June 3, 2011

Order to Suspend Keystone 1 Pipeline Operations Reversed

On Friday, the New York Times reported that the US government found that the continued operation of the Keystone 1 pipeline "without corrective measures would be hazardous to life, property and the environment." That looked like a big deal; then, the next day, came word that the decision had been overturned. Given the language of the original order, the rapidity of the change raises the question whether political higher-ups were responsible for the reversal. Here is the original story:
After a series of spills, the United States Department of Transportation has ordered the TransCanada Corporation to suspend operation of its one-year-old Keystone 1 pipeline, which carries oil extracted from oil sands in the Canadian province of Alberta to the United States. The so-called “corrective action order” was issued by the department’s Pipelines and Hazardous Materials Safety Administration.  
“Effective immediately, this order prevents TransCanada from restarting operations on their Keystone crude oil pipeline until P.H.M.S.A. is satisfied with the ongoing repairs and is confident that all immediate safety concerns have been addressed,” the agency said. It issued the order in response to two incidents in May involving oil leaks from small-diameter pump-station pipe fittings.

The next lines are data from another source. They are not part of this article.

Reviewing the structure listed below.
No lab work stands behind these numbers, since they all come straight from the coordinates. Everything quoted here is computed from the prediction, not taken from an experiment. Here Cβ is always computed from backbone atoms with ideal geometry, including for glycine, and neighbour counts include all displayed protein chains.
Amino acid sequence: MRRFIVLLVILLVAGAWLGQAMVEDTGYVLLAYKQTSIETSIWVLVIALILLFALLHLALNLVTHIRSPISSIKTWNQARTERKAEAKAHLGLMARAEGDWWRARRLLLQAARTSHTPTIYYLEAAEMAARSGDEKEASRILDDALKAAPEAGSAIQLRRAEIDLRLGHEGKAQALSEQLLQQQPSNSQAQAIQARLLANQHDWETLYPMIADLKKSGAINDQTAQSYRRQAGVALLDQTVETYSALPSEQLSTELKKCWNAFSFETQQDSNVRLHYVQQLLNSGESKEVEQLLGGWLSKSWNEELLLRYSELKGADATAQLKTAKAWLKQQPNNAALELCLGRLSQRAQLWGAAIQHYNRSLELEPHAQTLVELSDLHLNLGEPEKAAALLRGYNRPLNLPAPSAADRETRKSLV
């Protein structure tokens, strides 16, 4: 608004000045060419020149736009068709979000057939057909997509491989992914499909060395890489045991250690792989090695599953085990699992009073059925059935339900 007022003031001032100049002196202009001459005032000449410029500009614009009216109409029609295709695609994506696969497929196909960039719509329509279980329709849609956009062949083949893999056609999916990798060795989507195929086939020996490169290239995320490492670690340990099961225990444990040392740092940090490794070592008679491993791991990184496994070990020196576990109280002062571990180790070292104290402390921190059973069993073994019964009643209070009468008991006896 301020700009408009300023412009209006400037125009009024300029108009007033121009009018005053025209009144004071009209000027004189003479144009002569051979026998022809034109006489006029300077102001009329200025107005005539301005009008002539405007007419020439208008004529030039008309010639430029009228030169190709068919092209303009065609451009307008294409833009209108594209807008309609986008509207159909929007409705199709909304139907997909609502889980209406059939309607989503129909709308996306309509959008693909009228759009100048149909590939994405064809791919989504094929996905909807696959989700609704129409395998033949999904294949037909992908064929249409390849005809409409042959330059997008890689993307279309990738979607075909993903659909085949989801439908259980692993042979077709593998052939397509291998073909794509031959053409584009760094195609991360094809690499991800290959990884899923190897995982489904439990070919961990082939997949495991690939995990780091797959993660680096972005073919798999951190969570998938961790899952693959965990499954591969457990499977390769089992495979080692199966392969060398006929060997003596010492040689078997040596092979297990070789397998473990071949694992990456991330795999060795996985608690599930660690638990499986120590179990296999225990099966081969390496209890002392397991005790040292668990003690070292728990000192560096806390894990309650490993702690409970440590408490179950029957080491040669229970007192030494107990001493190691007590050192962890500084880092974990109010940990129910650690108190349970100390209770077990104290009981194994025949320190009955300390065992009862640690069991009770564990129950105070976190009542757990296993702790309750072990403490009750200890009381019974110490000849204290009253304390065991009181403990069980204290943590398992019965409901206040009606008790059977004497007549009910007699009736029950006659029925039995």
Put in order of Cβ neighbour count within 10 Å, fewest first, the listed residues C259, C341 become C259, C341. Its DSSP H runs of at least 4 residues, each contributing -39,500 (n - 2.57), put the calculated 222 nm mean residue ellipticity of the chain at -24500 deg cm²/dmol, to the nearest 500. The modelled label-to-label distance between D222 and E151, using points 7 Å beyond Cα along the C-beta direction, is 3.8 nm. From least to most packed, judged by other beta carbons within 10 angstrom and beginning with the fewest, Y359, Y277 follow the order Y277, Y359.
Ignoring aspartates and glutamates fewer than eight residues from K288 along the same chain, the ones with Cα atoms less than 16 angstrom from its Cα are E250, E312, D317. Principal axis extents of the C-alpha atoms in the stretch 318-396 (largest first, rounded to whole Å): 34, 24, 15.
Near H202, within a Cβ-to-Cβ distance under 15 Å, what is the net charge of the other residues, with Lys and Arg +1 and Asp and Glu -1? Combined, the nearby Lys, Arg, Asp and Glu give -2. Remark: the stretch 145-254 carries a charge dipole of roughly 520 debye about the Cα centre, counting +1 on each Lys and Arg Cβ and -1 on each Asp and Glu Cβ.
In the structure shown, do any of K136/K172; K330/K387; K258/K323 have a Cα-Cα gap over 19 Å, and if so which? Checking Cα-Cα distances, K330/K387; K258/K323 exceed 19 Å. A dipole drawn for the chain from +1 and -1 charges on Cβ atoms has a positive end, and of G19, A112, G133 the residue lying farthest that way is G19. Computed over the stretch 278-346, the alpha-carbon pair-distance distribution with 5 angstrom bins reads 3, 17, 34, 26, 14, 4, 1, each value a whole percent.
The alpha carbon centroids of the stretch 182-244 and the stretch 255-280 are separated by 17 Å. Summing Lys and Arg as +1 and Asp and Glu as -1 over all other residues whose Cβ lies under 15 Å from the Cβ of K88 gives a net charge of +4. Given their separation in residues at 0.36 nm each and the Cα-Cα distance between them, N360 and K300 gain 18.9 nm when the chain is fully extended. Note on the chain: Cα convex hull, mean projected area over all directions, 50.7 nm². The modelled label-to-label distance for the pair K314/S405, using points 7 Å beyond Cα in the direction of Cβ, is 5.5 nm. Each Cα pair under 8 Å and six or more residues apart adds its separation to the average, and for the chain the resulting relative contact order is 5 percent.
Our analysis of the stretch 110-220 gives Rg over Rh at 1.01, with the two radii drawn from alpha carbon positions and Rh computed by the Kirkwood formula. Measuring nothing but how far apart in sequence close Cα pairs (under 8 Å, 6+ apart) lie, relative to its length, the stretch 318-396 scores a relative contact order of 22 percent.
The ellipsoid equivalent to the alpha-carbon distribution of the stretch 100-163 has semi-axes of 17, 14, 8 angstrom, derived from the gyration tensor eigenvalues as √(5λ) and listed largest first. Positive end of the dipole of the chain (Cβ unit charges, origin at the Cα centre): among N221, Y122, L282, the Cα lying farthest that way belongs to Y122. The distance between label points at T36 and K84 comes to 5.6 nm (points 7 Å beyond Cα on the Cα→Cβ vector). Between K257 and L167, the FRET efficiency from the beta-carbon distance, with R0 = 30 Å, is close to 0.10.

Transcanada’s Keystone1 is under particular scrutiny because the company has applied to build and operate a much larger pipeline, the Keystone XL, which will run from Canada all the way to refineries on the Gulf of Mexico. That pipeline will pass under some of the Midwest’s most productive farmland and through its major aquifer.

Just last month, the Keystone 1 pipeline suffered two leaks, according to the Sierra Club, one of which involved over 10,000 gallons of oil. Leaks could prove dangerous and economically damaging.  
Environmental experts have raised concerns about the possibilities of leaks from Keystone XL, in part because TransCanada has in the past been granted waivers that effectively allow it to use thinner steel than would normally be required in the United States. They add that the company’s s pipelines are particularly vulnerable because oil from tar sands is more corrosive than conventional oil and is pumped under higher pressures and temperatures.  
“I find that the continued operation of the pipeline without corrective measures would be hazardous to life, property and the environment,” Jeffrey Wiese, an administrator at the department, wrote in issuing the order. 
Secretary of State Hillary Clinton has to decide whether to approve the Keystone XL project and is expected to render her opinion by the end of the year. In reaching a decision, she will have to weigh both energy and environmental concerns to determine whether the pipeline is in the national interest.

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